Paying Tribute to The Great Gatsby with ‘20s Themed Fragrances

As spring is thankfully upon us, prepare for the great comeback of bobs, cupid’s bow lips, and plenty of glam. With the highly anticipated release of Baz Lurhmann’s film, The Great Gatsby, starring Leonardo DiCaprio and Carey Mulligan, fashion and beauty industries alike have their eyes set upon the Roaring Twenties for inspiration. And while you may not opt for beaded gowns, jewels, and feathers while we’re still battling an unforgiving winter in New York City, you can still take cue from the glitzy, glamorous flapper girls of the era by making a bold statement with your fragrance. In honor of the It-girls that inspired author F. Scott Fitzgerald, we’ve discovered some ‘20s-inspired scents to get you caught up in the excitement and ready to do the Charleston.

We’ll see you in theaters when The Great Gatsby debuts on May 10th.

Rest assure, you won’t want to turn up your nose on this heady, luscious scent. According to sources, J.B. Nethercutt, co-founder of Merle Norman Cosmetics, desperately wanted to purchase a Packard for his famous automobile collection. However Packards, which were around during the ‘20s, were rare to find and one owner, Mr. Hussy, refused to sell his for any price. Fortunately, Nethercutt found one in an abandoned field and bought it. Later his son, J.B., restored it to its original condition in 2008, painted it sizzling red and named it in honor of the man who owned the car his father wanted. The fragrance, named after the prized car, highlights a seductive medley of powerful, blooming neroli, golden sun kissed amber, bitter orange, and juicy lemon. Hussy is not for the fainted-hearted as it immediately deepens to an everlasting aroma of rich sandalwood, musk, and a touch of honey.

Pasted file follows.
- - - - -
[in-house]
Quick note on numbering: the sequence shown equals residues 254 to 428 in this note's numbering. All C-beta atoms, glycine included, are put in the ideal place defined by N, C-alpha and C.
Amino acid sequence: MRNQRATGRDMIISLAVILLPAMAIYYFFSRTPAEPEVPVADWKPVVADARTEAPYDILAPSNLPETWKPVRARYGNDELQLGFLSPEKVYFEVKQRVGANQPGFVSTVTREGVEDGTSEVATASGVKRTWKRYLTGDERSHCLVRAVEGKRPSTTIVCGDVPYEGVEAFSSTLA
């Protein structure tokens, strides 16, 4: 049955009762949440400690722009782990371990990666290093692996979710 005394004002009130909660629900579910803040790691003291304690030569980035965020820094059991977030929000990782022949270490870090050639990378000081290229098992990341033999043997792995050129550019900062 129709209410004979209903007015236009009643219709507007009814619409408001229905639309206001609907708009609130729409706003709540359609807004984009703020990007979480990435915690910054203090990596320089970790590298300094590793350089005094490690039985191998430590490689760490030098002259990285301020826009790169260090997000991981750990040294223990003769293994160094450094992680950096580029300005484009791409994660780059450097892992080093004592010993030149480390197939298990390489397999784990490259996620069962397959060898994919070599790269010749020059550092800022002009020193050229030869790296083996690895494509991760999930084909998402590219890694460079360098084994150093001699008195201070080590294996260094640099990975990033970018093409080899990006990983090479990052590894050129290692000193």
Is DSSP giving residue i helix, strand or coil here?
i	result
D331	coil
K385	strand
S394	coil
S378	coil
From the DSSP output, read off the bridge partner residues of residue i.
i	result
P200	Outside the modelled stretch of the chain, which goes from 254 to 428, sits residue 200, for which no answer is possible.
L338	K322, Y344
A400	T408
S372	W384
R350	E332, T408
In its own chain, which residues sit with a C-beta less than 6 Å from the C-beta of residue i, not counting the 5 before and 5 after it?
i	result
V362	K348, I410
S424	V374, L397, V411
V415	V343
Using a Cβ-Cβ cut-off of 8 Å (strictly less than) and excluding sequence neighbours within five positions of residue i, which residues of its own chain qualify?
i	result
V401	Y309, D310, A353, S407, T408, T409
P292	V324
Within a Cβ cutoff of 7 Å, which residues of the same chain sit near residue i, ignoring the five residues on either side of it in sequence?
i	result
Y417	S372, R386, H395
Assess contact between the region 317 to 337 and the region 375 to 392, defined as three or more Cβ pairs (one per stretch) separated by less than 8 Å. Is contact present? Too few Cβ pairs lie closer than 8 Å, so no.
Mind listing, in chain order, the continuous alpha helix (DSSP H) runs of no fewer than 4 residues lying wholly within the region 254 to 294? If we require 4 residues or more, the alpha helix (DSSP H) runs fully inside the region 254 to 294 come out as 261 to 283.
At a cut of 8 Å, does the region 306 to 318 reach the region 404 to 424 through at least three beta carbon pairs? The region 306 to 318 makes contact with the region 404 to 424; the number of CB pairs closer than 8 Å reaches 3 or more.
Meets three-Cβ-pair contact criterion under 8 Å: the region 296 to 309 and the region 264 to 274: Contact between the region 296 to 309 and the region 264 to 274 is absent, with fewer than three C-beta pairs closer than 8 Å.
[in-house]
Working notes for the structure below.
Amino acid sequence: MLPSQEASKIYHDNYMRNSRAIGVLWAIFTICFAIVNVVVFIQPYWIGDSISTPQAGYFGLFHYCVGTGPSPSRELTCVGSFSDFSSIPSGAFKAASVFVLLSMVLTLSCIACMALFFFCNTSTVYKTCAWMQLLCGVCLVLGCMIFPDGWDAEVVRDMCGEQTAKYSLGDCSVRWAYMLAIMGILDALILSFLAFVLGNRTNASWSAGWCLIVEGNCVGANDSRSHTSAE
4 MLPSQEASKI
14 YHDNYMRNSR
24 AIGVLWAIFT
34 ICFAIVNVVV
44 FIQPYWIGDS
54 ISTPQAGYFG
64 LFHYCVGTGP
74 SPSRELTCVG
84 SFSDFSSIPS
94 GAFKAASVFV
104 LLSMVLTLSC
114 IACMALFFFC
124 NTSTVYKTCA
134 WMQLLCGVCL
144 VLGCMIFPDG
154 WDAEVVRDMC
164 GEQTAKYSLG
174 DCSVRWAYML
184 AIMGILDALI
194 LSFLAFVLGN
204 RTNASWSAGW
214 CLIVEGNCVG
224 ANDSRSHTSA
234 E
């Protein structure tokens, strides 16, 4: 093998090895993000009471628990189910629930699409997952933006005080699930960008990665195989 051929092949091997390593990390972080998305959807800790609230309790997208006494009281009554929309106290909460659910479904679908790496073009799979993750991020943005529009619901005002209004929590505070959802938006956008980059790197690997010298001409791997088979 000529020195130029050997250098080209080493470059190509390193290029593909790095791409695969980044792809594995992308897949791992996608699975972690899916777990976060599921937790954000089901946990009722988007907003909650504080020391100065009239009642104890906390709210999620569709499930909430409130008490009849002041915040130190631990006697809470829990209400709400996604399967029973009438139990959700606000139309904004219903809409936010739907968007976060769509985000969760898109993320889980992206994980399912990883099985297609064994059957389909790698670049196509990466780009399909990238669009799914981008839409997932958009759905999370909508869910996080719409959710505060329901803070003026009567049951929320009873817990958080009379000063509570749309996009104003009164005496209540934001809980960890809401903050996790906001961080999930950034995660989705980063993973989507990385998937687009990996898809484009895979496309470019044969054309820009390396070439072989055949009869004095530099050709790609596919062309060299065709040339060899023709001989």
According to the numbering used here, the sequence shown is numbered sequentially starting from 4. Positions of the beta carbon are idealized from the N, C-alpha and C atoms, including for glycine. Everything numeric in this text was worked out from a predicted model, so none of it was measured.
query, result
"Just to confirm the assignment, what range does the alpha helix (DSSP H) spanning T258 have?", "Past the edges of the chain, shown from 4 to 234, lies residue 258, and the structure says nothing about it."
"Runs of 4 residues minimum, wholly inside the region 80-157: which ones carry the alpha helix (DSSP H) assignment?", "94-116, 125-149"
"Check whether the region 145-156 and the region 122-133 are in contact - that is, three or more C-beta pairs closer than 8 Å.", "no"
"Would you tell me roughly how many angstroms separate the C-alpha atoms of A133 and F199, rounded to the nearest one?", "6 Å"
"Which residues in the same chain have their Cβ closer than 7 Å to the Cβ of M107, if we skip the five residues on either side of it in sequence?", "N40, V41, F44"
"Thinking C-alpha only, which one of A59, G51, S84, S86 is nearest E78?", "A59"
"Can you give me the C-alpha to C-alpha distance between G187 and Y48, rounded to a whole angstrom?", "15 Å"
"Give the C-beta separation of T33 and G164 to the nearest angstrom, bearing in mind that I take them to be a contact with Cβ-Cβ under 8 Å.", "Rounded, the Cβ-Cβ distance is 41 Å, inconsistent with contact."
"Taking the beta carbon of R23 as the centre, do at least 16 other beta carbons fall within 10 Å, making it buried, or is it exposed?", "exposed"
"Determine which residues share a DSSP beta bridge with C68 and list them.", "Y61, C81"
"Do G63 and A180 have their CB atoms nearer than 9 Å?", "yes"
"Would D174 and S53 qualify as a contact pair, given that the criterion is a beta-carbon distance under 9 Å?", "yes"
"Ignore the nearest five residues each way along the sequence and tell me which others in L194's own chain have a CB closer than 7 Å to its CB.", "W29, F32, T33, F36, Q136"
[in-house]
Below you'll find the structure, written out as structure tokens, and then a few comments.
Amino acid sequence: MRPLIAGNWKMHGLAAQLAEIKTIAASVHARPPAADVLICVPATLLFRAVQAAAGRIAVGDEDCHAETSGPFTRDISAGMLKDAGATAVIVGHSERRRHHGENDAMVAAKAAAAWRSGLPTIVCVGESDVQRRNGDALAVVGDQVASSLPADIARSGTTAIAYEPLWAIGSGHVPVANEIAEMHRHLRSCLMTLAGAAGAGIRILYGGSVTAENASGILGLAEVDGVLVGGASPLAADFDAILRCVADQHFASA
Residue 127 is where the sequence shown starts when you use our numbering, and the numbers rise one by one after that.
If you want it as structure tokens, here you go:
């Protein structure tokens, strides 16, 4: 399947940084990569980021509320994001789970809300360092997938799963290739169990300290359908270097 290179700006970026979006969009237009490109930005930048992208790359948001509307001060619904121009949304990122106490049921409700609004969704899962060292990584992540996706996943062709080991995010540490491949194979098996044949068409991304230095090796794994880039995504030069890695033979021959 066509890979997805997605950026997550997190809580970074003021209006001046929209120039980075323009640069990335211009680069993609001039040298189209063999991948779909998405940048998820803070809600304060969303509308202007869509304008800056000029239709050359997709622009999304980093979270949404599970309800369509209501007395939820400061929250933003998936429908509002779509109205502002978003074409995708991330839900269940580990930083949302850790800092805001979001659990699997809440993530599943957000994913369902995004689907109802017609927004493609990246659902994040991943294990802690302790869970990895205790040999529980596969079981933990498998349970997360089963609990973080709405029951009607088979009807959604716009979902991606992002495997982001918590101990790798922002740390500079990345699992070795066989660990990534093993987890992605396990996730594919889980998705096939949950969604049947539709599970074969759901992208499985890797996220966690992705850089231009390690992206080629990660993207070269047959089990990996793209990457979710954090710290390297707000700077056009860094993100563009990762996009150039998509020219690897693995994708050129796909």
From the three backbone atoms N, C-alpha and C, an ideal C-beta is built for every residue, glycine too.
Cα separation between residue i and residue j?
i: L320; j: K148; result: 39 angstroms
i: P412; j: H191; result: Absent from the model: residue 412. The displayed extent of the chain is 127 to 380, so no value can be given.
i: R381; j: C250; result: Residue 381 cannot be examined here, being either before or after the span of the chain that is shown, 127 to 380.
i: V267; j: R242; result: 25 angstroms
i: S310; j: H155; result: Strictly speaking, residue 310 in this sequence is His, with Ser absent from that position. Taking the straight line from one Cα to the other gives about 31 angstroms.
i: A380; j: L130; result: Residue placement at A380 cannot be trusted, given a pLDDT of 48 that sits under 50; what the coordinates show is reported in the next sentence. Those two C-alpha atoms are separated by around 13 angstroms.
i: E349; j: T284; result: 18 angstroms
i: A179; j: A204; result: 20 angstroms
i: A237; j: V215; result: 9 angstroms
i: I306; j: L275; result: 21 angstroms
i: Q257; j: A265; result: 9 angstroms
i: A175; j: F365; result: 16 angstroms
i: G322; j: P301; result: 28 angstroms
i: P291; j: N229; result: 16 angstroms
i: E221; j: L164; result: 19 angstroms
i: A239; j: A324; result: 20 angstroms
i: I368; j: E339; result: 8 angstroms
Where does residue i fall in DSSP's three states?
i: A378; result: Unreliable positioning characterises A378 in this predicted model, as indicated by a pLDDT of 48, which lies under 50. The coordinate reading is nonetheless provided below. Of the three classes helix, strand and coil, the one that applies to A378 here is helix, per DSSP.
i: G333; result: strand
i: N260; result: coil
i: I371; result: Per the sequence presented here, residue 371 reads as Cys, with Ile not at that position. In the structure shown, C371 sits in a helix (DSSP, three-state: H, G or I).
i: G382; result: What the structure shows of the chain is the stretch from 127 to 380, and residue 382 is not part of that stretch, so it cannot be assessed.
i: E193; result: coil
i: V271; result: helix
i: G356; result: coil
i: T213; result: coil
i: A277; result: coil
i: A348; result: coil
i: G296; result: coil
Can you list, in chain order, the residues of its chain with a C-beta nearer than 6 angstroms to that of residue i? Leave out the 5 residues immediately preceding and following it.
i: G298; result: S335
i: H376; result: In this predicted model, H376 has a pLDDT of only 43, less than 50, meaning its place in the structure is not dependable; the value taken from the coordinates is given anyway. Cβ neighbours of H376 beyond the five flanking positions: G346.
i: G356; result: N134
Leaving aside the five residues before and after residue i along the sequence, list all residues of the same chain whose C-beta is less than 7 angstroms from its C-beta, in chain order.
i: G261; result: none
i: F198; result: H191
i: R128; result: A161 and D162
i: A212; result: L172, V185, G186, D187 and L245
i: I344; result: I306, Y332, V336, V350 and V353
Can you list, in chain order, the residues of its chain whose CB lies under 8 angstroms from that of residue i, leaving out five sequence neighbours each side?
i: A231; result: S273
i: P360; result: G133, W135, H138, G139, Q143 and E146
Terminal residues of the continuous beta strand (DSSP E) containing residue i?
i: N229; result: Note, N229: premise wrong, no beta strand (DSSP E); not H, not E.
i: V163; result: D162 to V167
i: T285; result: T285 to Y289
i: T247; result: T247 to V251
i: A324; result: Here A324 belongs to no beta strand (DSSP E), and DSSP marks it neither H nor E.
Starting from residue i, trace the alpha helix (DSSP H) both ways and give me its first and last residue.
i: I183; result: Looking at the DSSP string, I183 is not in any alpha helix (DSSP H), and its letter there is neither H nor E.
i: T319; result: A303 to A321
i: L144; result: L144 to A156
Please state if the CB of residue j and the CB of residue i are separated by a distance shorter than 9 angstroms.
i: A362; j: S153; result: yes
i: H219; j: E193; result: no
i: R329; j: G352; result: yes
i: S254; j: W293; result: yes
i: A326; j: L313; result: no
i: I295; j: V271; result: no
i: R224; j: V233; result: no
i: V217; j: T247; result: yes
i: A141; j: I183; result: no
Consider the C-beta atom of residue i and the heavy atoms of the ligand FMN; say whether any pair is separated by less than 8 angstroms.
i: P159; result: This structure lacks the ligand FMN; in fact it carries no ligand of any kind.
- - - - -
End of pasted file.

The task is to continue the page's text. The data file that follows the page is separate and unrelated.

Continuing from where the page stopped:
During the decadent ‘20s, Paris was the It-place to be. In honor of the “Annes Folles,” the middle class finally had access to exclusive music halls that previously catered to the wealthy. Throughout the parade of operettas and circuses one would even be serenaded by the legendary “Bronze Venus,” also known as beloved performer Josephine Baker. And during a time when women were exploring personal style, it was only appropriate to wear the finest Parisian perfumes. Today, ladies can rock the delicious Orangers en Fleurs by House of Houbigant. A tribute to the delicate orange blossom, which represents abundance, this luxurious scent features sensual notes of the white flower wrapped with dewy Turkish roses. For a touch of warmth, a note of Egyptian jasmine is found, followed by a spicy meets sweet nutmeg. Orangers en Fleurs is undoubtedly feminine, wonderfully sexy, and inviting, like a fine European lover. While pricey, a pinch is enough to last all day and night, making it worth ever penny for femme fatales in training.

Available: Bergdorf Goodman and Neiman Marcus

Jazz babies take note: a 1920’s inspired fragrance collection wouldn’t be complete without a bottle of Juliette Has a Gun’s Mad Madame by Romano Ricci, the great-grandson of designer Nina Ricci. “For this new episode I wanted to pay tribute to a woman who dares,” described Ricci about his scent. “A woman slightly more mature than the previous episodes, but by no means better behaved!” With this personality, Mad Madame is ideal for channeling your inner flapper. The fragrance opens with sweet blackcurrant, followed by a bouquet of roses. Slowly, it transforms into a garden of softer white flowers, such as tuberose, peony, and jasmine. However, its end note is the animalistic castoreum absolute, giving it a soapy, yet woodsy finish. Shocking yes, but rather fitting for a woman ready to make heads turn.

Available: Henri Bendel, C.O. Bigelow, and Ron Robinson

If you prefer to spice things up, take cue from style icon Marlene Dietrich, as well as Fitzgerald himself. Both were fans of the fragrance Lieber Gustav 14 by Krigler, which is found at The Plaza Hotel in Manhattan, one of the most notable settings from The Great Gatsby. Recognized as a popular scent among celebrities during the ‘20s, Lieber Gustav 14 may be a light violet hue, but it’s darker, smokier, and more powerful in aroma. Leather and wood are immediate opening notes with a touch of citrus. And while it starts off as a masculine cologne, the dry down is more feminine with powdery, gentle notes of lavender and zesty tea. Mysterious, yet unforgettable, you’ll be certain to make both a grand entrance and exit.

Available: The Plaza Hotel and

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